Awards season is now officially upon us, whether you like it or not.  Sure, it means that there is going to be a ton of the typical Oscar-bait crap, but there will also be a wealth of riches to stumble upon.  Case in point: David Fincher’s latest, “Gone Girl.”  Featuring an eclectic cast from stars Ben Affleck and Rosamund Pike to supporting players like Tyler Perry and Neil Patrick Harris, “Gone Girl” is based on Gillian Flynn’s huge best-seller of the same name (she also adapted the novel for the screen).  On the surface, it’s a he-said/she-said potboiler about a man whose wife goes missing on the day of their fifth wedding anniversary, but, as is the case, there’s a lot more going on beneath that.

Fincher’s last film, “The Girl with the Dragon Tattoo,” was also based on a literary hit, the type of thriller that you may find in an airport convenience store.  While that film felt like little more than a stylistic exercise, word has it that Fincher was able to delve deeper this time around.  “Gone Girl” currently has an 85% rating on Rotten Tomatoes, with critics calling it a dark, tonally jarring, visually stunning, and well-acted thriller about domestic entrapment and the underbelly of marriage.  Any film by David Fincher is a cinematic event, but with some critics placing it among his best work, you best believe that I’ll be dishing out the money to see this one.  If you’re like me and want some more great stuff to watch, or if you somehow haven’t been sold on it, here are five other films similar to “Gone Girl.”

“Suspicion” (directed by Alfred Hitchcock, 1941, starring Joan Fontaine, Cary Grant, Sir Cedric Hardwicke, Nigel Bruce)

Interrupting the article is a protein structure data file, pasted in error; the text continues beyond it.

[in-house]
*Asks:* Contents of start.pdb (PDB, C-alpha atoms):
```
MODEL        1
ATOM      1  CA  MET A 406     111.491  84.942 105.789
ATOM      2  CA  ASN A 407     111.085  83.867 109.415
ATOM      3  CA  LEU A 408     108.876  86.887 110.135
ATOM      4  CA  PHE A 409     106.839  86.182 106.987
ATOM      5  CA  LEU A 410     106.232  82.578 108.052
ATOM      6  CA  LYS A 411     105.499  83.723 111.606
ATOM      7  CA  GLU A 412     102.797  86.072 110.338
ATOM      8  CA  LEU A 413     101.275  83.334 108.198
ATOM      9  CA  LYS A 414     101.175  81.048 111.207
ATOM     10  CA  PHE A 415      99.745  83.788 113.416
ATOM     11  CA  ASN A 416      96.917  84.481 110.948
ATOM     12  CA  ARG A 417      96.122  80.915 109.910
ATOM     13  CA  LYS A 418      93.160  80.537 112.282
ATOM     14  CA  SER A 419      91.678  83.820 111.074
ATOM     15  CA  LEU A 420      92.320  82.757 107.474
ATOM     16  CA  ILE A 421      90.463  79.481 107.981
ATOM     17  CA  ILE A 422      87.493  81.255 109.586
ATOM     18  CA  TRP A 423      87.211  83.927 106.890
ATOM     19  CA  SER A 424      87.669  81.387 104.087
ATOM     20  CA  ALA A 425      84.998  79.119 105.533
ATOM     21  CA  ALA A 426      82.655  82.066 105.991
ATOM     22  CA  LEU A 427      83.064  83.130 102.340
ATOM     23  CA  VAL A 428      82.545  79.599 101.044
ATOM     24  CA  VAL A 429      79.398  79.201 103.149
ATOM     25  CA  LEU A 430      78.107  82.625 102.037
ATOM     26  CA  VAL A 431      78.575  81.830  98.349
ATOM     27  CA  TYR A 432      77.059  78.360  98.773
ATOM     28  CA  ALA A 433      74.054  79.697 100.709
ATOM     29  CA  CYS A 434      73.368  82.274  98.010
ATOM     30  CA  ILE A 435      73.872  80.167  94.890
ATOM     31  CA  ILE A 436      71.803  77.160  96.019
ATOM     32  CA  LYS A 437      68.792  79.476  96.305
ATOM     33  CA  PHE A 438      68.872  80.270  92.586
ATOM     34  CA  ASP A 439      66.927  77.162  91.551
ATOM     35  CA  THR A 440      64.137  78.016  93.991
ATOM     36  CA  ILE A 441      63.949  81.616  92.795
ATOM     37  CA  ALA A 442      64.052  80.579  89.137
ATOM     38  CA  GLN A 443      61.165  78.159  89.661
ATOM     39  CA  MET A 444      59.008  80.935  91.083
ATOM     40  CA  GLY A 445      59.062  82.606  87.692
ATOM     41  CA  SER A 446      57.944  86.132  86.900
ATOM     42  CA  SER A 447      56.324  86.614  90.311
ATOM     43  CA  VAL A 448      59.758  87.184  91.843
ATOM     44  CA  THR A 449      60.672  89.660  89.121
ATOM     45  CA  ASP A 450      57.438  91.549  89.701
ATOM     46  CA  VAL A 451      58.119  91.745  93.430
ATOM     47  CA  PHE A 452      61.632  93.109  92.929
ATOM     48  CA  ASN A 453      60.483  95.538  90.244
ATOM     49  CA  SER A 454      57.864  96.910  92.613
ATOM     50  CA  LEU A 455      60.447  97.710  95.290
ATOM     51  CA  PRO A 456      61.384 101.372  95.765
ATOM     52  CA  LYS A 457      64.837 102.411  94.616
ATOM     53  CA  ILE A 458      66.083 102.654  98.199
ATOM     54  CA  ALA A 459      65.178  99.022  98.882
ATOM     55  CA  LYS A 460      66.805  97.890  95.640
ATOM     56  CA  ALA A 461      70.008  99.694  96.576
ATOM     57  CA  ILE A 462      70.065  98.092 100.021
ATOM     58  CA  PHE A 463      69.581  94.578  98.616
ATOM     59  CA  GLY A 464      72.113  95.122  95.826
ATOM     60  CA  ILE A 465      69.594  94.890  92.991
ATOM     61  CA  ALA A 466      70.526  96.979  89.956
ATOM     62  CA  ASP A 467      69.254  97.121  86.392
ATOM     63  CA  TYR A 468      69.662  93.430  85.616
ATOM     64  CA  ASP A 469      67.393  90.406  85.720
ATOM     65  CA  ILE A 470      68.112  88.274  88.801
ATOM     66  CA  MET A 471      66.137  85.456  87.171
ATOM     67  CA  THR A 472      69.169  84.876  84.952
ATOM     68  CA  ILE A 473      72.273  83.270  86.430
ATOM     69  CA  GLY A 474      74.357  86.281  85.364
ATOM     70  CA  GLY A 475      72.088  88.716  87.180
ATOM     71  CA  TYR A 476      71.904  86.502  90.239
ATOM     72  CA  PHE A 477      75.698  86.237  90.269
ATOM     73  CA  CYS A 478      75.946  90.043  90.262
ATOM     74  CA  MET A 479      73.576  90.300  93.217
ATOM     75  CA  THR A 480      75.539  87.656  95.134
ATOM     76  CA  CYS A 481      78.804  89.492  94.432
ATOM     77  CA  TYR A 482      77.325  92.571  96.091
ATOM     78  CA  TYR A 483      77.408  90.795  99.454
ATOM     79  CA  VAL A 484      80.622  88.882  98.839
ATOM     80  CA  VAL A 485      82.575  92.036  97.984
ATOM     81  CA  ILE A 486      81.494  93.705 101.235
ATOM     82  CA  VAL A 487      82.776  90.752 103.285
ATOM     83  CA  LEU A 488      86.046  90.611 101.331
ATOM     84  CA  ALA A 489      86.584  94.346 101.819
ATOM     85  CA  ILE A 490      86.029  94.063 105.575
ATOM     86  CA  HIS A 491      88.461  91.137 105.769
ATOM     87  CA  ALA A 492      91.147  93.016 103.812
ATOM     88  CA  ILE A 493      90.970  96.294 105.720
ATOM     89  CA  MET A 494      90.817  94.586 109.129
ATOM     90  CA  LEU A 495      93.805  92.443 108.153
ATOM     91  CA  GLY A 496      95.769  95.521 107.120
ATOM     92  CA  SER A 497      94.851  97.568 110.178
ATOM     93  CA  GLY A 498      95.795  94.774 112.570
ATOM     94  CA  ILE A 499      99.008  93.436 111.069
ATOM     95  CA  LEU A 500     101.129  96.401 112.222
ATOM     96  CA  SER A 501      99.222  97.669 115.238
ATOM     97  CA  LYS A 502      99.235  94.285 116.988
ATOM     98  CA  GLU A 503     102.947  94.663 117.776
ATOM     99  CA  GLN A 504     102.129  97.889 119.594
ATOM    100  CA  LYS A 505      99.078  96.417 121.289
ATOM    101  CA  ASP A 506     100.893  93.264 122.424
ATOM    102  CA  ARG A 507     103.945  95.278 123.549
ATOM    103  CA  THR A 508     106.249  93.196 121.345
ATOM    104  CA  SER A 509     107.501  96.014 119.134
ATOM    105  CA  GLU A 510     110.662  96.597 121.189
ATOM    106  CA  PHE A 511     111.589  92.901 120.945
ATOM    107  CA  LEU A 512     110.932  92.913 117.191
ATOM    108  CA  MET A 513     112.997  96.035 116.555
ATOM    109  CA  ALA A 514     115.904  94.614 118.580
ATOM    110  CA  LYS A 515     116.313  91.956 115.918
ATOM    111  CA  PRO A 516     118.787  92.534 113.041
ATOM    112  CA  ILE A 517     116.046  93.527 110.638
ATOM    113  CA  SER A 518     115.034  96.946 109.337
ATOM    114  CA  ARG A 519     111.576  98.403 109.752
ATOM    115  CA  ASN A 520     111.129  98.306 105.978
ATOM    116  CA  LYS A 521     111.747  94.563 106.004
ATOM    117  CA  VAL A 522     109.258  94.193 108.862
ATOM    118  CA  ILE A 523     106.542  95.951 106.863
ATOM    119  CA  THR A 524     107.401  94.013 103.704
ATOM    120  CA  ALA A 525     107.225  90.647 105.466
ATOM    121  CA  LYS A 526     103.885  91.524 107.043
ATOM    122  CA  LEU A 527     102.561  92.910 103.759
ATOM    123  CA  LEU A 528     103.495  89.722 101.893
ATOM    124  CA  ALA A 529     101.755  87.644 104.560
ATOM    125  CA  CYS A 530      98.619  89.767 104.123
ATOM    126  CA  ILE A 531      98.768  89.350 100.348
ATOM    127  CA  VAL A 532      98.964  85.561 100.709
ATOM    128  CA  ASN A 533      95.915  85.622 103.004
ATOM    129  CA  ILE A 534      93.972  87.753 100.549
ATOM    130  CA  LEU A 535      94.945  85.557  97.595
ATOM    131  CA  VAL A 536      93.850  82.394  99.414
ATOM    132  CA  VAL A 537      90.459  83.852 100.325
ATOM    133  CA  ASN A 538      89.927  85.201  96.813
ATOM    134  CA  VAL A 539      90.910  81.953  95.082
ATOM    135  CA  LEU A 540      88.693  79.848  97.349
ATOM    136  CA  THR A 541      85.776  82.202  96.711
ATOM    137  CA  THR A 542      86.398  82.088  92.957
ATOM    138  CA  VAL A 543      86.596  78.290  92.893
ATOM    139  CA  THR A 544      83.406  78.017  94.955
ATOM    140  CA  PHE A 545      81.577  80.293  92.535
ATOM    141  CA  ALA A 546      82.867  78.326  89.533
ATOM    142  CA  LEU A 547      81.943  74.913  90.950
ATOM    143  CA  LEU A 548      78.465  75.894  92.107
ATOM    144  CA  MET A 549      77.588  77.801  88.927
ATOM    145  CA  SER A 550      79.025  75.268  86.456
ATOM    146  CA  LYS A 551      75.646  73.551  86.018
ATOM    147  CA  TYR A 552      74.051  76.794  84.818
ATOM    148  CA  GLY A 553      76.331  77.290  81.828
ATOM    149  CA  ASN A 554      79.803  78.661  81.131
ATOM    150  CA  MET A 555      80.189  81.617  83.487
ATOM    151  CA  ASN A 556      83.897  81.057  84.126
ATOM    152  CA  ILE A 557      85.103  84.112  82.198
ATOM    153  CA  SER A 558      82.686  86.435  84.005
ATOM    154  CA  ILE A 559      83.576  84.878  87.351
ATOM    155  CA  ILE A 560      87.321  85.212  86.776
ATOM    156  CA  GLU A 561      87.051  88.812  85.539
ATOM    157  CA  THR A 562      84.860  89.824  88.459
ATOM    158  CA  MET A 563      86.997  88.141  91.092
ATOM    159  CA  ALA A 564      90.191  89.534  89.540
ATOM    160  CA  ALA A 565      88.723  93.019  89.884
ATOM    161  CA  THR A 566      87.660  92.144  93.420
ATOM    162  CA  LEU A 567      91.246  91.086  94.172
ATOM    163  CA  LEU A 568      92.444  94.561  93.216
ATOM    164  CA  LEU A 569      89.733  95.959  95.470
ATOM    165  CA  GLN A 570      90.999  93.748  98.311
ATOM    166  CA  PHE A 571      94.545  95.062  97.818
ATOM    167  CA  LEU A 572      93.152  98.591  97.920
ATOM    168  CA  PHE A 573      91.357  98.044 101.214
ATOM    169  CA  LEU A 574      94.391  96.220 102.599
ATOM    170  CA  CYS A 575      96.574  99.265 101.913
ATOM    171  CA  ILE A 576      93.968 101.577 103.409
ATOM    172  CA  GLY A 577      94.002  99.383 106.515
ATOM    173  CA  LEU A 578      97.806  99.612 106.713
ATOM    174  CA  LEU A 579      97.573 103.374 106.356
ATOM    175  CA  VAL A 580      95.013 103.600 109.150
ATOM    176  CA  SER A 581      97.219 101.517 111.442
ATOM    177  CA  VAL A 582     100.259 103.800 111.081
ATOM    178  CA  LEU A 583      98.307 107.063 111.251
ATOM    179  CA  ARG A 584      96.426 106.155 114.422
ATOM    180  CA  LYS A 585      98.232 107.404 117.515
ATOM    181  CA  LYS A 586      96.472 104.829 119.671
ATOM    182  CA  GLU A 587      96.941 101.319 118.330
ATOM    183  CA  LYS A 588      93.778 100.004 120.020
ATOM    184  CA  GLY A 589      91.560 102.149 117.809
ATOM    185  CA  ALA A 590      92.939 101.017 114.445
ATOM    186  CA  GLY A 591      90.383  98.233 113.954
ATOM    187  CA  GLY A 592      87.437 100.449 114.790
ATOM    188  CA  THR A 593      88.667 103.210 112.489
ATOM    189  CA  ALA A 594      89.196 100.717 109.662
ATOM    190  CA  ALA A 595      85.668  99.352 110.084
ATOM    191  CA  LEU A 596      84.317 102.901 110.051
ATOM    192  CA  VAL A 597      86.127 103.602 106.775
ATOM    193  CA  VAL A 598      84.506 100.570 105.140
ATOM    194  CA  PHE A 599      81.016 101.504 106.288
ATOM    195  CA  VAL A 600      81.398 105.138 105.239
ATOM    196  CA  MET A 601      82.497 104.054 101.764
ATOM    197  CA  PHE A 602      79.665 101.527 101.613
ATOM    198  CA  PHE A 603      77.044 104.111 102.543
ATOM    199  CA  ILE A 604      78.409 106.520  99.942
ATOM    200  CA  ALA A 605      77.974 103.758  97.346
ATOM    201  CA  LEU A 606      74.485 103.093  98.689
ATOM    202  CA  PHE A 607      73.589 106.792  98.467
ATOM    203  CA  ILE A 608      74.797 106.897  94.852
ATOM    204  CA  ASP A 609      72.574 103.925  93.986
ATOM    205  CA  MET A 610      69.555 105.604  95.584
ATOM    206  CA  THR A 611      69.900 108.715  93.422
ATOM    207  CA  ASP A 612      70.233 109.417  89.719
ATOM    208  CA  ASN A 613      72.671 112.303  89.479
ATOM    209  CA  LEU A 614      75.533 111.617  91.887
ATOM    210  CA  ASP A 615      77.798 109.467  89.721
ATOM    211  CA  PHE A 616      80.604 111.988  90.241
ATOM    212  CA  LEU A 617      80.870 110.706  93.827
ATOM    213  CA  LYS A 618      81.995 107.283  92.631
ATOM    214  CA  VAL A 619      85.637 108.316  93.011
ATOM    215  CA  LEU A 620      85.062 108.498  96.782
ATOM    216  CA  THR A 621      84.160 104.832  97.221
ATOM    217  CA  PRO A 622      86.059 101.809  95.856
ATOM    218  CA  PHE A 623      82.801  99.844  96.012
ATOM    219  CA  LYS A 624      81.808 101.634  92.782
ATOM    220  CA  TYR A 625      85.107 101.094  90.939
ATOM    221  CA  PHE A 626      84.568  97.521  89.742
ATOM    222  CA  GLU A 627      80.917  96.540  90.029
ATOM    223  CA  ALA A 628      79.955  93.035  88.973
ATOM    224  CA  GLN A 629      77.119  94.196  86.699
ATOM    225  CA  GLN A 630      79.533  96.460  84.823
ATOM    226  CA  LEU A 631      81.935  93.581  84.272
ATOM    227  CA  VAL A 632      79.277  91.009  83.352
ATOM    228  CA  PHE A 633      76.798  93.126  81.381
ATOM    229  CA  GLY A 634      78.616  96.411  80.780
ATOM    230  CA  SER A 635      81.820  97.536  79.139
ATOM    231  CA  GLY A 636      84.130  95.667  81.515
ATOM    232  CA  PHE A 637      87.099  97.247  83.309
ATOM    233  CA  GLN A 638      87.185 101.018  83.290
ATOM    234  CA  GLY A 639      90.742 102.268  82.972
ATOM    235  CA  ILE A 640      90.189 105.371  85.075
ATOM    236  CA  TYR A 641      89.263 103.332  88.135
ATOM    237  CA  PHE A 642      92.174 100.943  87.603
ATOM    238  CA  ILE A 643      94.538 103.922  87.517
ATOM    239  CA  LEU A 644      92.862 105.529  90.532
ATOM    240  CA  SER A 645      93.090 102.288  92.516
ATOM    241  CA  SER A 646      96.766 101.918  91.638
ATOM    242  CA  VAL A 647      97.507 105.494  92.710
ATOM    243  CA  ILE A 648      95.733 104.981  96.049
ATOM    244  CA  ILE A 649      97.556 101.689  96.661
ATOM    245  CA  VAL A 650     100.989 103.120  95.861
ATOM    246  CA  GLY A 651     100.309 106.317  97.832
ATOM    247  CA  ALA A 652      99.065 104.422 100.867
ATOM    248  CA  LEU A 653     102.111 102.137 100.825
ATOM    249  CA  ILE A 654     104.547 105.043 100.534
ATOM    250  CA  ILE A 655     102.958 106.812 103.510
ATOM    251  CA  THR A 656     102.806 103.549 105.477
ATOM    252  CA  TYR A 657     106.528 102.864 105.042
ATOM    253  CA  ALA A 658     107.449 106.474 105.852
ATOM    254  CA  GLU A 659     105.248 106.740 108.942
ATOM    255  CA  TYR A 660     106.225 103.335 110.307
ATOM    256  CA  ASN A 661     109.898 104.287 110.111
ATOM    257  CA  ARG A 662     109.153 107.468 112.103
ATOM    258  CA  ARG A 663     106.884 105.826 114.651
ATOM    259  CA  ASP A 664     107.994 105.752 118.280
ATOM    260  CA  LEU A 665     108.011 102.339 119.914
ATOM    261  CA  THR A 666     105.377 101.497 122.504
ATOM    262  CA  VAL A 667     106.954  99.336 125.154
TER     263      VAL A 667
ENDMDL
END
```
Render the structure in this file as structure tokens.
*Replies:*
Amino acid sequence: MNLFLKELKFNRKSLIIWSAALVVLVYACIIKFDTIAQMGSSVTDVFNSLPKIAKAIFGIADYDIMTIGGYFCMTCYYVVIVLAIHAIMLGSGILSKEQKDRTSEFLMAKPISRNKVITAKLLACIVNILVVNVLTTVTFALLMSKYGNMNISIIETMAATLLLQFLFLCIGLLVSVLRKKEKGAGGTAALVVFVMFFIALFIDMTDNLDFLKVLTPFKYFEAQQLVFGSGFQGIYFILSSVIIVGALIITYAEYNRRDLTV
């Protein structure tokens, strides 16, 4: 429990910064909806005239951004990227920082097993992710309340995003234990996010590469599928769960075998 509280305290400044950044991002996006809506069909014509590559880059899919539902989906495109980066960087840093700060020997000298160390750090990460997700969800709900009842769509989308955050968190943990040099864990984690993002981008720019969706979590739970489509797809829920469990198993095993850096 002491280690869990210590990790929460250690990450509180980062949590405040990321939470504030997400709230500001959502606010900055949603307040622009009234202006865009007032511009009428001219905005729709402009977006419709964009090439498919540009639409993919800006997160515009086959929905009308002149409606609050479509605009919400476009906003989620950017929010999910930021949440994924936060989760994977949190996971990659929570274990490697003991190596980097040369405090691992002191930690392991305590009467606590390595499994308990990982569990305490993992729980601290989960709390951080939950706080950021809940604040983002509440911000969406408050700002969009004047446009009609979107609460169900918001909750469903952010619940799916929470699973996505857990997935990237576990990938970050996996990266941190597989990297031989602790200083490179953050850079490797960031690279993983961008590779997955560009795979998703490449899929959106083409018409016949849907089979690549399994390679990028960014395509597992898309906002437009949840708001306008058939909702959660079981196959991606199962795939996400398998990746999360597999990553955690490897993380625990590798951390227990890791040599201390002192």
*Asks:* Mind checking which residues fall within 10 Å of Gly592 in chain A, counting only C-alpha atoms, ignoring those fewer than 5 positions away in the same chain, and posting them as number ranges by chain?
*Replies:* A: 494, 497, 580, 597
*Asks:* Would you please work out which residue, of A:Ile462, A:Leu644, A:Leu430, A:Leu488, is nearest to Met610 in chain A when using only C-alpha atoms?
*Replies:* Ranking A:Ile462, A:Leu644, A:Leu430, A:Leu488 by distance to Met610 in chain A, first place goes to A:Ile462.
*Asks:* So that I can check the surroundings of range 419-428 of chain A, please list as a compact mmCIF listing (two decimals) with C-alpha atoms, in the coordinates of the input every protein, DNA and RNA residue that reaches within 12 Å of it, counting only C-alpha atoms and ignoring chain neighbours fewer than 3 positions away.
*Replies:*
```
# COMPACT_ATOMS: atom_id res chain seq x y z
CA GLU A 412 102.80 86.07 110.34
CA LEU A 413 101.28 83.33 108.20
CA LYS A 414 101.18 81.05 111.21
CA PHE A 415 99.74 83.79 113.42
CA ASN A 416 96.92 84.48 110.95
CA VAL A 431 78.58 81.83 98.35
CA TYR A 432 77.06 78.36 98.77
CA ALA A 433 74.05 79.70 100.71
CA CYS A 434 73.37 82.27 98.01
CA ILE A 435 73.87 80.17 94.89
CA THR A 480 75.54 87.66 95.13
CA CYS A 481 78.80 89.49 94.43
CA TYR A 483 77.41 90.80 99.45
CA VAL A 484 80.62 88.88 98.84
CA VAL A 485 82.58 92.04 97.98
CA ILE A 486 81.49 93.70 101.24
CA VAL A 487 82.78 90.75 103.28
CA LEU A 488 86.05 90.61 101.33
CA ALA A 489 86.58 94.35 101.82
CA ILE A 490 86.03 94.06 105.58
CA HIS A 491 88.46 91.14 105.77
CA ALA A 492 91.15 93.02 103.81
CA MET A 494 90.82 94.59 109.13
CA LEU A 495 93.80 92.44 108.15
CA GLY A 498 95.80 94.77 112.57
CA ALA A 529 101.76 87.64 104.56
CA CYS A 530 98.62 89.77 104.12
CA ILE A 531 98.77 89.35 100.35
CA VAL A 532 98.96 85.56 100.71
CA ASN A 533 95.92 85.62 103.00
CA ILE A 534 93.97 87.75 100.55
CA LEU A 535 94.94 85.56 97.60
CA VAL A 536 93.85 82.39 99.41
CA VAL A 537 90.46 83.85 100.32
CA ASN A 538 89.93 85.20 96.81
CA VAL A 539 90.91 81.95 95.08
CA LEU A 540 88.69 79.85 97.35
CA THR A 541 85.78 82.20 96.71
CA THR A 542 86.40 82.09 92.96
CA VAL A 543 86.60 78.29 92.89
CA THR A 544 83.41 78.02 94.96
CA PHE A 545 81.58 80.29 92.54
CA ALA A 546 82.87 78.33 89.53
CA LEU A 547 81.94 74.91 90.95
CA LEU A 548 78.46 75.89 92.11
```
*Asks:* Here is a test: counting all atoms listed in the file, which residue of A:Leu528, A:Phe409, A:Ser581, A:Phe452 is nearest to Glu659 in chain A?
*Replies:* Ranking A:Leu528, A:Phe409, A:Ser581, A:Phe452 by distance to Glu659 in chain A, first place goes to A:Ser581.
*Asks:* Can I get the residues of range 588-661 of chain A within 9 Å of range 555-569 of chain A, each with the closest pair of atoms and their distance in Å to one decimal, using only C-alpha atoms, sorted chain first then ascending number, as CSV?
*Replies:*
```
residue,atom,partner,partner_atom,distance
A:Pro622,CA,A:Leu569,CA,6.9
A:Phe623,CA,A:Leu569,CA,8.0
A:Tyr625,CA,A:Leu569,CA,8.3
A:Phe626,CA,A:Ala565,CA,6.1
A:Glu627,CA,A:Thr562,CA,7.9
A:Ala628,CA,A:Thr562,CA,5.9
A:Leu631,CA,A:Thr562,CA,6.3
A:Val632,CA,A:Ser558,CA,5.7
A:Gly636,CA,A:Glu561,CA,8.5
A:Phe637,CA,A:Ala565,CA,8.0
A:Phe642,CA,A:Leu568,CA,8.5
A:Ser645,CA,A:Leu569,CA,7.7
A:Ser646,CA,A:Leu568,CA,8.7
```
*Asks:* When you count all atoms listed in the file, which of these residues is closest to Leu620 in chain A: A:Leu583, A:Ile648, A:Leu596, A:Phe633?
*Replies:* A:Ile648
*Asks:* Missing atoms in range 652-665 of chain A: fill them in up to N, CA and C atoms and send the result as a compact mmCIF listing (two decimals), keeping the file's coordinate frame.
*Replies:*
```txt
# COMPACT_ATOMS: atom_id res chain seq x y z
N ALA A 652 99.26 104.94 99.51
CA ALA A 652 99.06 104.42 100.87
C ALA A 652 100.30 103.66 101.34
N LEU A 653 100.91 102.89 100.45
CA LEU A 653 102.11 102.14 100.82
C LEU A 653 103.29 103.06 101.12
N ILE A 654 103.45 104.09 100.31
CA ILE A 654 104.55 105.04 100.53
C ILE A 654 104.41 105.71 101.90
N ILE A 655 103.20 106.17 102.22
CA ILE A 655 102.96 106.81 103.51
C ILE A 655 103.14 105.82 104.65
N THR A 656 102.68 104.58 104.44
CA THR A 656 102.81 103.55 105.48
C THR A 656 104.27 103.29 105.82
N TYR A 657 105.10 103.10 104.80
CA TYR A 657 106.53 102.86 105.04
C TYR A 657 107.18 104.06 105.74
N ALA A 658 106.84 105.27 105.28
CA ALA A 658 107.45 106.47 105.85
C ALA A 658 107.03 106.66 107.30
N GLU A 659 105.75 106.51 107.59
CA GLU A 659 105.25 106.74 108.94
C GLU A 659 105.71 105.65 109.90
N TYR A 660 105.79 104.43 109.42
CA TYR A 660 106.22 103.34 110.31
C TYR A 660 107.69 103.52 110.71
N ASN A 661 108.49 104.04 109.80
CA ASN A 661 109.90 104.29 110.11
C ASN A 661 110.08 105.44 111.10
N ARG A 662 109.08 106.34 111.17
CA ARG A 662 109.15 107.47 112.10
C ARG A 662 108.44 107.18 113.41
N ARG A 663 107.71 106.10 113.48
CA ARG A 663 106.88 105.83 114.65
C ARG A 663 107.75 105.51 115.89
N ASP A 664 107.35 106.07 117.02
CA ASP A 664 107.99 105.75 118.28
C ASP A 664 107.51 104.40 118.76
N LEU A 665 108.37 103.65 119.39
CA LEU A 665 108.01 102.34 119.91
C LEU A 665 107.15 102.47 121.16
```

The phrase that appears to come up the most when talking about “Gone Girl” is Hitchcockian, and Fincher himself has cited “Psycho” (among others) as an influence. While “Psycho” is one of my favorite films of all time (don’t get me started), I thought “Suspicion” would be more appropriate. A woman is swept off her feet by a man who is more than he appears to be. Oh, and he may be trying to murder her. A classic that poses the question: do we know the one we love?

“Les Diaboliques” (directed by Henri-Georges Clouzot, 1955, starring Simone Signoret, Véra Clouzot, Paul Meurisse, Charles Vanel)
Famously, director Georges Clouzot snatched the rights to the film’s screenplay before Hitchcock could get his hands on them. Instead, Hitchcock was inspired by “Les Diaboliques” in making “Psycho,” and we are left with this wonderfully dark and twisty French classic. Set at a boarding school, a woman plots to murder her husband with the help of his mistress. But when the body mysteriously disappears, things only get stranger. The film offers a perfect portrait of human darkness and cruelty and easily stands with Hitchcock’s best.

“Rosemary’s Baby” (directed by Roman Polanski, 1968, starring Mia Farrow, John Cassavetes, Ruth Gordon, Sidney Blackmer)
Domestic entrapment and marital betrayal play quite the heavy hand in “Rosemary’s Baby,” one of Polanski’s best and one of the greatest horror films of all time. When strange things start happening to soon-to-be-mother Rosemary (played an iconic Mia Farrow) after moving into a new apartment with her husband, a sense of alienation and suspicion overwhelms the film in the best of ways. Despairing and eerie, “Rosemary’s Baby” will leave you unsettled and may even make you question the whole notion of marriage and parenthood.

“To Die For” (directed by Gus Van Sant, 1995, starring Nicole Kidman, Joaquin Phoenix, Matt Dillon, Casey Affleck, Illeana Douglas)
One of the most underrated films of the 1990s, Gus Van Sant’s deliciously dark comedy pokes fun at media obsession (as does “Gone Girl”) and the suspicions of marriage. Nicole Kidman stars as a comically warped version of one of Hitchcock’s famous blondes, menacing, seductive, and daffy. Is she overly ambitious or just plain evil? You’ll have to see for yourself.

“Basic Instinct” (directed by Paul Verhoeven, 1992, starring Michael Douglas and Sharon Stone)
Word has it that “Gone Girl” veers into certain levels of darkly comic trashiness, and what popped into my head but “Basic Instinct.” Largely panned upon its release, the film is still as ludicrous as ever, but is now recognized as something of a classic for the way it subverts and reconstructs the film noir. Plus, who can forget Sharon Stone’s sultry star-making turn and the leg-crossing seen around the world? Guilty pleasure of the highest order.